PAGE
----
South Korean antitrust watchdog criticized Samsung's corporate ownership structure earlier today, having specifically targeted the circular shareholding practices that allowed the founding Lee family to maintain a tight grip of the country's largest conglomerate despite officially only owning a minority stake in it. While speaking to reporters on Thursday, Korea Fair Trade Commission Chairman Kim Sang-jo said "the current ownership and control structure of Samsung Group, which goes from Vice Chairman Jay Y. Lee to Samsung C&T to Samsung Life Insurance to Samsung Electronics, is not sustainable."
While the structure that involves Samsung affiliates owning stakes in one another allows founders to continue controlling their companies while still benefiting from the public capital markets and were previously even used for circumventing inheritance tax, investors have often criticized firms that resort to them based on the fact that circular shareholding lowers the perceived value of any particular stock. That sentiment was at the center of a late 2016 push from American hedge fund Elliott Management that advocated for Samsung splitting itself into two. Prior to joining Korea's antitrust regulator, Mr. Kim called for a similar move, with the chaebol considering the idea two years ago but ultimately dismissing it as being too complex to reliably execute.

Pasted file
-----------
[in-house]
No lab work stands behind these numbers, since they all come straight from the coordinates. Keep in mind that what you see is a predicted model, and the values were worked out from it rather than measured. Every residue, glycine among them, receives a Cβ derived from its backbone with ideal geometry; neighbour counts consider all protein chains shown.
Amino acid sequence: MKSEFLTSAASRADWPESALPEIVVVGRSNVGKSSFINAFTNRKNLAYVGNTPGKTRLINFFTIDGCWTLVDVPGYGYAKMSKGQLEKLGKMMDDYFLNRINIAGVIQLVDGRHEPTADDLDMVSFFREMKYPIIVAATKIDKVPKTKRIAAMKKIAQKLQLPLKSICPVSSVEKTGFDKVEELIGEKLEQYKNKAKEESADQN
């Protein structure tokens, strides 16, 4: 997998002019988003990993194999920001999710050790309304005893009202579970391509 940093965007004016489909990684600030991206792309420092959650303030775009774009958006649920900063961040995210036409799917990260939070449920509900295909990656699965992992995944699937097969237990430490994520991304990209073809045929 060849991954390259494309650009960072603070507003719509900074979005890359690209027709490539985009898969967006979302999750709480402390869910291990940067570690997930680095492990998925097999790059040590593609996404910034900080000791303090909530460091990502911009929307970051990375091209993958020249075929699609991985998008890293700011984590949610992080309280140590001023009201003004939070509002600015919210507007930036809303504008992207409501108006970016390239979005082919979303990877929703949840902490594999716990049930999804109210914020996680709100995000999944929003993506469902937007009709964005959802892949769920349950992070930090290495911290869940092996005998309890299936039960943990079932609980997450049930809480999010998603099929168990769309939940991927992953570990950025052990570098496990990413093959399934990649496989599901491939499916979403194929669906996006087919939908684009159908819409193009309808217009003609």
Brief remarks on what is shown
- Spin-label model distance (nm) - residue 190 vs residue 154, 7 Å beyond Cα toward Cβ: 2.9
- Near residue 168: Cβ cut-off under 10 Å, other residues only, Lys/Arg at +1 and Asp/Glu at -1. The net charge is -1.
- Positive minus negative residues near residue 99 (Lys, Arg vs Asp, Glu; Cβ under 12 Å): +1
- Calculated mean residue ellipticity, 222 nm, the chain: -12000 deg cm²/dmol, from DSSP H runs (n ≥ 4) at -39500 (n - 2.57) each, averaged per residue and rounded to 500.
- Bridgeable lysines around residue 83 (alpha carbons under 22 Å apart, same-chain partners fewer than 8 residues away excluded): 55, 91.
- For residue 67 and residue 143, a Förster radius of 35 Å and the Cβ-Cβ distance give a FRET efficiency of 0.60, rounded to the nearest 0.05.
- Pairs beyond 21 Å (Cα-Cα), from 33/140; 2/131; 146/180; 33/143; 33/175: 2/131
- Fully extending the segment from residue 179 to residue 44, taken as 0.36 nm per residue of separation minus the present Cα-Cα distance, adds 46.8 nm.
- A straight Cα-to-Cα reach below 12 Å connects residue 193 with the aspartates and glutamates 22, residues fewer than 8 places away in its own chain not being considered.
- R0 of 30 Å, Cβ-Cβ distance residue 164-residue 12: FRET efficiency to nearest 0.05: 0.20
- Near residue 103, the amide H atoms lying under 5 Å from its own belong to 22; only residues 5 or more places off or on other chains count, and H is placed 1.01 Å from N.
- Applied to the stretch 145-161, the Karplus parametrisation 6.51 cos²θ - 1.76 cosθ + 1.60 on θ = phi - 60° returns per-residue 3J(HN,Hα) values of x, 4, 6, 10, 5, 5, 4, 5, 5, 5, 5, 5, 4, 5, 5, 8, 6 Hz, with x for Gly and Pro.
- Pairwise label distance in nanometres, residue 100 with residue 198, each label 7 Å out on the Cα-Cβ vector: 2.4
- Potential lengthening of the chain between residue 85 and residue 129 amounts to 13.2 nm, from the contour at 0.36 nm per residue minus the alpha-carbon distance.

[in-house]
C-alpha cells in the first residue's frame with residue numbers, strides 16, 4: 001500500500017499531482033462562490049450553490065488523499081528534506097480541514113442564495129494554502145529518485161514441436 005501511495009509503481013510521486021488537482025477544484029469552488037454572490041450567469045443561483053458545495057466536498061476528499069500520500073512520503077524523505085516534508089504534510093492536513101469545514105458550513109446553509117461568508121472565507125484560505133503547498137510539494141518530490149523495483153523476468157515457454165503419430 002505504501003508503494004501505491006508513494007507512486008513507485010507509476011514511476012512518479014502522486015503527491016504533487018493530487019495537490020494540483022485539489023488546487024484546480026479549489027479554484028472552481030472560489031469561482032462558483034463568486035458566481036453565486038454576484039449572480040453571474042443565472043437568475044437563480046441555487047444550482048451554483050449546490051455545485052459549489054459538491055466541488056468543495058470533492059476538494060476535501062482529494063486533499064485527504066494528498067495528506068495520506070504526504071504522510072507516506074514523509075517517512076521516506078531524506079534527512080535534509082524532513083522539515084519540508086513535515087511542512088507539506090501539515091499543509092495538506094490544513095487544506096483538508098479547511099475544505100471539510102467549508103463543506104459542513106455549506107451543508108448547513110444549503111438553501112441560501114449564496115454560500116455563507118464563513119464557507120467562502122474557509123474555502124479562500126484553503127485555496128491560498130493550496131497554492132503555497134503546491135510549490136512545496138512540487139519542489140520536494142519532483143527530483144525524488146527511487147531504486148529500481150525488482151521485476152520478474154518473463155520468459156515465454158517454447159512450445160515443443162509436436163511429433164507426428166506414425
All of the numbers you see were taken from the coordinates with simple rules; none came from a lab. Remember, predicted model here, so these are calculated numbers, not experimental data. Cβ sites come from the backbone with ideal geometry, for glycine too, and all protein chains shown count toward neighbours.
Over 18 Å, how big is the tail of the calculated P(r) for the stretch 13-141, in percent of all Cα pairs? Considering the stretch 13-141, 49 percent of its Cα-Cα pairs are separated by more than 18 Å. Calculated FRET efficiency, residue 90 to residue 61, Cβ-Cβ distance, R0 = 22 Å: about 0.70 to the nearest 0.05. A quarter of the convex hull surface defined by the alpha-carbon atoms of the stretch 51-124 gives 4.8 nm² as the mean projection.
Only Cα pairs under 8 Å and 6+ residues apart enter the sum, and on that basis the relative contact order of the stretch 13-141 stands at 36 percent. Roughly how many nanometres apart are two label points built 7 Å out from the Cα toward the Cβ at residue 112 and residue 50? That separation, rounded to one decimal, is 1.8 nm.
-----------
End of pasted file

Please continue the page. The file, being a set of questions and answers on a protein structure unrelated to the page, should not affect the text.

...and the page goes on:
Samsung is now said to be planning to sell some of the circularly owned shares of its business and streamline its corporate structure in the process of doing so. The plan has reportedly been approved by Samsung Group scion Jay Y. Lee shortly after he was released from prison on a suspended sentence over bribing top government officials earlier this year, despite the fact that a more straightforward structure would weaken his grasp over the conglomerate. The transition still isn't expected to include $26 billion worth of Samsung Electronics stock owned by Samsung Life Insurance, with Mr. Kim on Thursday targeting that pool of shares in particular. Samsung Electronics Vice Chairman Yoon Boo-keun said the Seoul-based tech giant will consider such a move. Mr. Lee is presently touring the world and meeting with industry leaders, including those from Samsung's direct rivals, having been keeping a low profile ever since an appellate court freed him in early February.